Photographer: Shawn Baldwin/Bloomberg

Egypt Stocks Drop Most in World After Surprise Rate Increase

  • Central bank sees inflation risks despite monthly rate decline
  • IMF said last month taming inflation was policy priority

Egyptian stocks fell the most in the world on Monday after the central bank unexpectedly raised interest rates to contain surging prices, a month after IMF remarks that were seen favoring higher borrowing costs to tame inflation.

The EGX 30 Index closed down 2.5 percent, the most among indexes tracked by Bloomberg. The Monetary Policy Committee raised the benchmark overnight deposit rate by 200 basis points, or two percentage points, to 16.75 percent, the bank said late Sunday. The lending rate was also raised by the same amount to 17.75 percent. All but one of the seven economists surveyed by Bloomberg had forecast the rate to stay unchanged.

The pound has lost almost half its value against the U.S. dollar since the government removed restrictions on the currency in November and raised interest rates by 300 basis points. The move helped finalize a $12 billion loan from the IMF and encouraged new international investments. Authorities also introduced value added taxes, and raised the price of subsidized fuel. While those steps won praise from investors, they also helped push the inflation rate to over 30 percent -- its highest level in decades.

In justifying the decision, the MPC said that while the decision to raise borrowing costs in November had helped contain “underlying inflation excluding supply shocks,” the balance of risks related to the inflation outlook “has tilted more strongly to the upside with recent economic and monetary data releases pointing to strengthening demand-side pressure.”

‘Right Instrument’

The move comes a month after the IMF said curbing inflation should be Egypt’s top priority. The fund described interest rates as the “right instrument” to tame inflation, though it later listed them as merely an option. The two sides reached a staff-level accord this month to unlock the second installment of the loan, with the IMF saying it was “confident” that the central bank had the right tools to achieve its target.

Raising interest rates “appears to the result of pressure from the IMF,” said Jason Tuvey, Middle East economist at London-based Capital Economics.

It also reflected the challenge confronting the government and President Abdel-Fattah El-Sisi. Officials are determined to move forward on reforms key to securing international investments, but are also mindful of the potential for unrest that could come from a surge in prices in a nation where nearly half of the almost 93 million live near or below the poverty line. El-Sisi has already pledged “protective” measures to help the poor, including increasing subsidized food rations.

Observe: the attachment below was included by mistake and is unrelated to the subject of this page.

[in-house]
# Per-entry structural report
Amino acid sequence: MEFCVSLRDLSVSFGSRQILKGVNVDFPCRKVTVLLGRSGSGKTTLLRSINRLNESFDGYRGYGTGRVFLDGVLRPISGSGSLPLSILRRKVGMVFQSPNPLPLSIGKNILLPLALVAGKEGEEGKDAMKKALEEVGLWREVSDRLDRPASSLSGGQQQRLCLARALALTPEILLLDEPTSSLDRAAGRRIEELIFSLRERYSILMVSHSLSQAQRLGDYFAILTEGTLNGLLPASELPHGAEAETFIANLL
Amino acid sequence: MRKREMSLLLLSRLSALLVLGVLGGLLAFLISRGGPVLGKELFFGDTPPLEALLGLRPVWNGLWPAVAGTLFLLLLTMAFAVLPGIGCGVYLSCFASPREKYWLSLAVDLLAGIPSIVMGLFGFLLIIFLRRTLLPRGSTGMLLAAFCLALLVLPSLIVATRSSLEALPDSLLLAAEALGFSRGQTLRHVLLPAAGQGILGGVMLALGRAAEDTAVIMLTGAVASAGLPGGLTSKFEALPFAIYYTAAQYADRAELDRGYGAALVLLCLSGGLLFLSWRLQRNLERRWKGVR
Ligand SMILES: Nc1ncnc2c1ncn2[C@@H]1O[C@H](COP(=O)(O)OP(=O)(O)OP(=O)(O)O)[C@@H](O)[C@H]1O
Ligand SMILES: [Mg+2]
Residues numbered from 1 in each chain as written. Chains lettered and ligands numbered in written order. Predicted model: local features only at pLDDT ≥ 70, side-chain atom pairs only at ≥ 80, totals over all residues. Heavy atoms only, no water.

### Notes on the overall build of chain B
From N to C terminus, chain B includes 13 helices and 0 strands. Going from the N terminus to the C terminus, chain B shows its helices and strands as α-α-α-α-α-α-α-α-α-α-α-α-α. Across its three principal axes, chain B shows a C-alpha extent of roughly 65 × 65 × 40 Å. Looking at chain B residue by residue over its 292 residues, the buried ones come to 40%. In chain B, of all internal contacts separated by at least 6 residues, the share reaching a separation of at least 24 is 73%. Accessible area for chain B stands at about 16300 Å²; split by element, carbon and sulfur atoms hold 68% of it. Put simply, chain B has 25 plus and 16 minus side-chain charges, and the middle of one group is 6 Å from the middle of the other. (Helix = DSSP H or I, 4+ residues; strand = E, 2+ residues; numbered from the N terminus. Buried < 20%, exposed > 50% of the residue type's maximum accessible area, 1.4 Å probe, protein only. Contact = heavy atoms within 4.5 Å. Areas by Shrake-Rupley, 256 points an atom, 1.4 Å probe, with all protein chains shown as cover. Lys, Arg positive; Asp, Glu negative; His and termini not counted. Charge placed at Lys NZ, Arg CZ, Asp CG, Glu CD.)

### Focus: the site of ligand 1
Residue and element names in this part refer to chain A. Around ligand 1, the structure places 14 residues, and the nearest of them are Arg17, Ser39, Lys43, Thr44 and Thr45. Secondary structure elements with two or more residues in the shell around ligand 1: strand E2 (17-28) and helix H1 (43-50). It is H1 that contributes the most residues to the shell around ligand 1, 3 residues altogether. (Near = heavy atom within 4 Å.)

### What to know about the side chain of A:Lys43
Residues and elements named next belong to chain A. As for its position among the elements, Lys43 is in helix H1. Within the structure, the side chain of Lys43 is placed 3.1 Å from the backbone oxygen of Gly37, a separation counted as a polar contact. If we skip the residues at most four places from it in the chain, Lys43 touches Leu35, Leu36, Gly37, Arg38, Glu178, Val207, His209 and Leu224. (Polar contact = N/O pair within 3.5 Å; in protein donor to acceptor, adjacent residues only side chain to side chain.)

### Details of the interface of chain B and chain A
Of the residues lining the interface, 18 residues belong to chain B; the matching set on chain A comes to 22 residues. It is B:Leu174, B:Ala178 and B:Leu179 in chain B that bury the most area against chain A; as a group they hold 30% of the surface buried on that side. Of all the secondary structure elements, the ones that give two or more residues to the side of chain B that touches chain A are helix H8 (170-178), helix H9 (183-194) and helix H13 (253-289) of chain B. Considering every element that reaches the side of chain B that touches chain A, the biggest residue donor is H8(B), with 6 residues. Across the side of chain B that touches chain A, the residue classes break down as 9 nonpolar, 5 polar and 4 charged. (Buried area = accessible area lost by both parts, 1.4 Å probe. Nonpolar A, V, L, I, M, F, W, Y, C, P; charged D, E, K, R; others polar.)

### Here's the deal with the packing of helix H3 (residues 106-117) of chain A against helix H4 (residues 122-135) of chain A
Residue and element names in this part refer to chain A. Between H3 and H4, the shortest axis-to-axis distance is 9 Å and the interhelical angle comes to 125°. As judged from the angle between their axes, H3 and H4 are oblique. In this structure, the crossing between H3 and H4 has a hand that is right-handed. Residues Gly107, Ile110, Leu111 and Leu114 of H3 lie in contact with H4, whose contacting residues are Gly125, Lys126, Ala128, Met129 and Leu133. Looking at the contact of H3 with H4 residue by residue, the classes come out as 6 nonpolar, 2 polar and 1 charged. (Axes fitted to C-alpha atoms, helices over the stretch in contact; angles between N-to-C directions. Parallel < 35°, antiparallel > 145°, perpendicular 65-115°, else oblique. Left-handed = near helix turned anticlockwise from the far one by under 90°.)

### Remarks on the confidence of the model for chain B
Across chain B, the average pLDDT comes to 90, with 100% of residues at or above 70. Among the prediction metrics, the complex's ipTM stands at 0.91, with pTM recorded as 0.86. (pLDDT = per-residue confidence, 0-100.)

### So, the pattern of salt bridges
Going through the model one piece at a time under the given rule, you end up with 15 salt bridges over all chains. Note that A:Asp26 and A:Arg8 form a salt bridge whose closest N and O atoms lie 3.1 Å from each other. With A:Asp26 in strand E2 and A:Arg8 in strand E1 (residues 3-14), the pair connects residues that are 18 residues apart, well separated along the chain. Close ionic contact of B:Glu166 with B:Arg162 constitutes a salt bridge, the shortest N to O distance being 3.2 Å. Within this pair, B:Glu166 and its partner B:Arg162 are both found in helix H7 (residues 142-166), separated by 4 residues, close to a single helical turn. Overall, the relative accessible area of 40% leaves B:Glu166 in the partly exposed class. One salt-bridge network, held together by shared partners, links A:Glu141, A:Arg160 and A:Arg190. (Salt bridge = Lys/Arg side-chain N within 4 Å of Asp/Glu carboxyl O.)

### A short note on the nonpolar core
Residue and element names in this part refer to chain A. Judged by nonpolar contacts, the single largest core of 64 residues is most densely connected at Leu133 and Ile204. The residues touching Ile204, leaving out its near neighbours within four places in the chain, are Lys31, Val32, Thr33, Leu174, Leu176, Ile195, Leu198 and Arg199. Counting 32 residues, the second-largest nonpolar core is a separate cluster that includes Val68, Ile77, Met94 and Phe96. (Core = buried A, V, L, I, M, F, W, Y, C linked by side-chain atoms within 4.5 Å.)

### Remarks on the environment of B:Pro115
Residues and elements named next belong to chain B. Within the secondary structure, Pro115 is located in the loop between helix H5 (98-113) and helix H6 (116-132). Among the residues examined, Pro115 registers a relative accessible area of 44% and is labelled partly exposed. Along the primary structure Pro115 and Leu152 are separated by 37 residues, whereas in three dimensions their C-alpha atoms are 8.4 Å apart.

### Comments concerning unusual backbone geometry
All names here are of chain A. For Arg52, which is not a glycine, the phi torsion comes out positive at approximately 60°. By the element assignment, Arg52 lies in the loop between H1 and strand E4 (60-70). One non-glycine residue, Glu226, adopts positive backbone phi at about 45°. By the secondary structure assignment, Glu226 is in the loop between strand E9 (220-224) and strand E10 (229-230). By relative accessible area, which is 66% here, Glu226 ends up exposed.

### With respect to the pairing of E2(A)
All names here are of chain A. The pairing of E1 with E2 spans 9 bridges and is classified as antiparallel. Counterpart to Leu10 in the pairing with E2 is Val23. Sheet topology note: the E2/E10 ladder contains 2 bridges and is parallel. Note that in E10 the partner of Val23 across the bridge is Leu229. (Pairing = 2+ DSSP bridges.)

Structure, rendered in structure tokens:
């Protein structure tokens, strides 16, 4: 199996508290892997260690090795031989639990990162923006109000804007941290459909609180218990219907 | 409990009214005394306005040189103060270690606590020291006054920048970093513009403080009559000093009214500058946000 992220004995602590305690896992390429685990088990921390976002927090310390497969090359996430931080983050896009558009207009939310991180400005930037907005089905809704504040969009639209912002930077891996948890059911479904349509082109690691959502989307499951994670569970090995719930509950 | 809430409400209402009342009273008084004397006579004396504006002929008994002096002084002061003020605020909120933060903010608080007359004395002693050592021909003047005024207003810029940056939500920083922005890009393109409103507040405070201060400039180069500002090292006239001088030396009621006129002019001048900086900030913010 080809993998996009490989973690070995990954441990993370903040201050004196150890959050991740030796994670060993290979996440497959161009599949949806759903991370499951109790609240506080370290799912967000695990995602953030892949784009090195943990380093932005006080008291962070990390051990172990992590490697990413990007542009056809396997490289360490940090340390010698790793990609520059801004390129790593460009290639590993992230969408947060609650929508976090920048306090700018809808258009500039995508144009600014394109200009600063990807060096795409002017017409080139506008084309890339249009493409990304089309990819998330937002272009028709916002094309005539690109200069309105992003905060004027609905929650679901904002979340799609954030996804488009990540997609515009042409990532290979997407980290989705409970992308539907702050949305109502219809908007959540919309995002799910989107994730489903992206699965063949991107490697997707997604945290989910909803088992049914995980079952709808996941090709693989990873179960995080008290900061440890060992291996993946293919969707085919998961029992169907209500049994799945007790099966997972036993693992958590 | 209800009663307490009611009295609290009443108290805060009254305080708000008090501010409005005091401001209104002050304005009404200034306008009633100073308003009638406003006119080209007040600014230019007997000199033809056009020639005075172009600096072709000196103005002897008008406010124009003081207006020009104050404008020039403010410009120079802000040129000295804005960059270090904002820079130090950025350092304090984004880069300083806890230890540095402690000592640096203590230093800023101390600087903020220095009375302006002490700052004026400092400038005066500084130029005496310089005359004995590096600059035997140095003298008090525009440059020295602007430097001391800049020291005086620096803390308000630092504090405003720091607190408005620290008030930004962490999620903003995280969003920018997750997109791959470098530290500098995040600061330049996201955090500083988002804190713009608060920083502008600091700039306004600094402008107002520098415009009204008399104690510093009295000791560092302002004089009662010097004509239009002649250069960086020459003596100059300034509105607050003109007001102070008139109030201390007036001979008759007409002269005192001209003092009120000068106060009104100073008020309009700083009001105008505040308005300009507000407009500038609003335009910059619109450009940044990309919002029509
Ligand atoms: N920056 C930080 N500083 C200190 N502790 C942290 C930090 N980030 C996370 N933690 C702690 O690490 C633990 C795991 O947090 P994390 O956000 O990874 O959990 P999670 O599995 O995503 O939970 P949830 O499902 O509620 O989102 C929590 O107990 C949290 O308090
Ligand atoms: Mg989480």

Read More: IMF Seen Signaling Preference for Higher Egypt Borrowing Costs

Prices rose 31 percent annually in April. Some analysts, however, point to the slowing of the month-on-month rate as evidence that the initial shocks linked to the economic reforms have eased.

Sunday’s decision “is the textbook answer to high inflation,” said Reham El-Desoki, senior economist at Dubai-based investment bank Arqaam Capital, who predicted the regulator would hold rates. However, recent data and the “weak” impact of monetary policy decisions on inflation in Egypt “do not warrant an additional rate increase,” she said.

Some businesses also worried that the increases would stymie borrowing and undermine growth.

The rate increase “will not cause inflation to go down because it rose on currency
devaluation, not on higher demand,” said Mohamed El Damaty, vice chief executive officer of food maker Domty, describing it as a “primitive decision.”

Why Rate Increase Is No Answer to 30 Percent Inflation in Egypt

Charlie Robertson, chief economist at Renaissance Capital, said in a research note that the move “shows a commitment to getting inflation back down again.”

“Currency stability – which should be supported by the higher interest rate – will help drive down month-on-month inflation,” he wrote. “Currency appreciation should help more.”

The government expects inflation to average 23 percent in the next fiscal year, and ease to 9.7 percent the year after.

— With assistance by Tamim Elyan

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